Saturday, April 21, 2018

Fly Tying- The Quill Body Nymph

Quill Body Nymph- Hendrickson

This is a fly I have been tying now for a few years and using it during the early Spring and into the season as the hatches around here progress. It is a really simple pattern but I think it's damn sexy and has served me well. The UV resin coating is of course what brings it to life and I find myself using this stuff on most nymphs these days. I also love the Thin Skin as the wing case and another product I use alot of. I do tie these in a bead-head and non-bead version. The color I'm showing here does pretty well for the Hendricksons but I also tie a Sulpher #16 and a BWO #18 version. I just change up the colors and size of hook, otherwise, the tying is the same of course.

Like I said, nothing special here that I necessarily invented, just a sexy little nymph that catches fish. Play around with the colors and sizes and let me know what you come up with! 

Brian Flechsig- April 2018

Quill Body Nymph Recipe: 

Hook: Tiemco 5262 #14-  Click Here 
*of course any quality 2X long nymph hook will do the trick
#16 for the Sulpher and #18 for the BWO
Thread: 8/0 Uni Thread- Click Here 
Ultra Thread 70 denier or Vevus 12/0 works fine also
Tail: Whiting Farms Coq DeLeon Hen Saddle- Click Here
Natural Brown on the Henny and Fl. Green Chartreuse on the Sulpher and BWO
Abdomen: Standard Quill Stem- Rusty Quill-  Click Here
Rib: Fine Copper Wire-  Click Here
* gold on the Sulpher and BWO 
UV Resin: Loon Thin UV or equivalent-  Click Here
Wing Case: Thin Skin- Mottled Bustard- Natural-  Click Here
Thorax: Ice Dub- Golden Brown-  Click Here
Optional Bead: Flymen Real Fly Beads- 1/8" Pink-  Click Here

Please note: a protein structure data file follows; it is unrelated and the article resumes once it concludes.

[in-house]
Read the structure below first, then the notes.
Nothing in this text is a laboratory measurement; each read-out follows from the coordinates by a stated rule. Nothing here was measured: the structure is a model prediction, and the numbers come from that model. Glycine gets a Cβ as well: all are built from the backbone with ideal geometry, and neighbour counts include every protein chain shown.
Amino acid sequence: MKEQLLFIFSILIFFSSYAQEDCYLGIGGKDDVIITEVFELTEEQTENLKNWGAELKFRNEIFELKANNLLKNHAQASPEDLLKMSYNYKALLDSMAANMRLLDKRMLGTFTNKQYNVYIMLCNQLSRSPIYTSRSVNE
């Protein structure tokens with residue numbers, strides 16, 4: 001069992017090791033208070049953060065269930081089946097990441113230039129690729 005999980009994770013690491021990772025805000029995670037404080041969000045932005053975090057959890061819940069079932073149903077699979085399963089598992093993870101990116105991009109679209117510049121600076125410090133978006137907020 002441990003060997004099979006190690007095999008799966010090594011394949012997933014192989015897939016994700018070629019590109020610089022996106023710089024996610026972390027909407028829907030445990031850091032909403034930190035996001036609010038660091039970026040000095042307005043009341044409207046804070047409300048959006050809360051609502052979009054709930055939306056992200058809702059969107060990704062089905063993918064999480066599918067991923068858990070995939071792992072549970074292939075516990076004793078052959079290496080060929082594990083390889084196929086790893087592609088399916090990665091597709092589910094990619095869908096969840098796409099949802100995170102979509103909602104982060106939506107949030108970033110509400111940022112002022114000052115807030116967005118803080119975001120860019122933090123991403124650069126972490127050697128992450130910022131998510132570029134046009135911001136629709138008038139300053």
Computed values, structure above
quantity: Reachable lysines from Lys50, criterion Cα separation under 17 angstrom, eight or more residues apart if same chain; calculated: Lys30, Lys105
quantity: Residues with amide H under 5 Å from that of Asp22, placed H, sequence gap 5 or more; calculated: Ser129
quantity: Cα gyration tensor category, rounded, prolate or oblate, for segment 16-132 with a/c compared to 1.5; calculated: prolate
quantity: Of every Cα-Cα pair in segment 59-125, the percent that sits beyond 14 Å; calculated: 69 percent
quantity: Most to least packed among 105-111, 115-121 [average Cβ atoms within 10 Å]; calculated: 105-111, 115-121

7/64" Caddis Green on the Sulpher and 3/32" Caddis Green on the BWO 
Legs: Whiting Farms Coq DeLeon Hen Saddle- same as tail-  Click Here

1. Start your thread as you normally do and wrap back to the bend of the hook. The thread should hang right at the barb.

2. Select a feather from the Coq DeLeon Hen Saddle and cut off "a bunch" of fibers to be used for the tail. This is usally a chunk about the same width as the hook gap to give an idea. 

3. Tie in the tail at the bend of the hook using the pinch method. Wrap over the butts to secure and then wrap your thread back to the bend. 

4. Tie in the thin Copper Wire at the bend, secure up the shank and again bring the thread back to the bend of the hook. This will be used as the rib over the quill body.

5. You should have your quills soaking as you begin tying. I usually let them sit in water for 5-6 minutes or so before I need them. Watch the video for a bit more on this. I then tie them in at the bend, just like you did the copper wire. Tie it in by the tip, thus it will give you a gorgeous, lifelike taper and segmentation effect. Where you tie it in on the quill will determine the "size" of your segments. Higher on the tip for smaller flies for example. 

Now bring your thread forward to the mid point on the hook shank.

6. Wind the Quill Stem forward to the mid point of the hook shank making sure that each wrap is tight against the previous. Secure with your thread at there and trim the excess. May have to take a few wraps to lash-in and hide the trimmed butt. 

7. Wind the Copper Wire over top of the Quill abdomen as your rib. Always nice to see an evenly spaced rib to accentuate the segmentation. Tie it off an trim the excess as you did the Quill.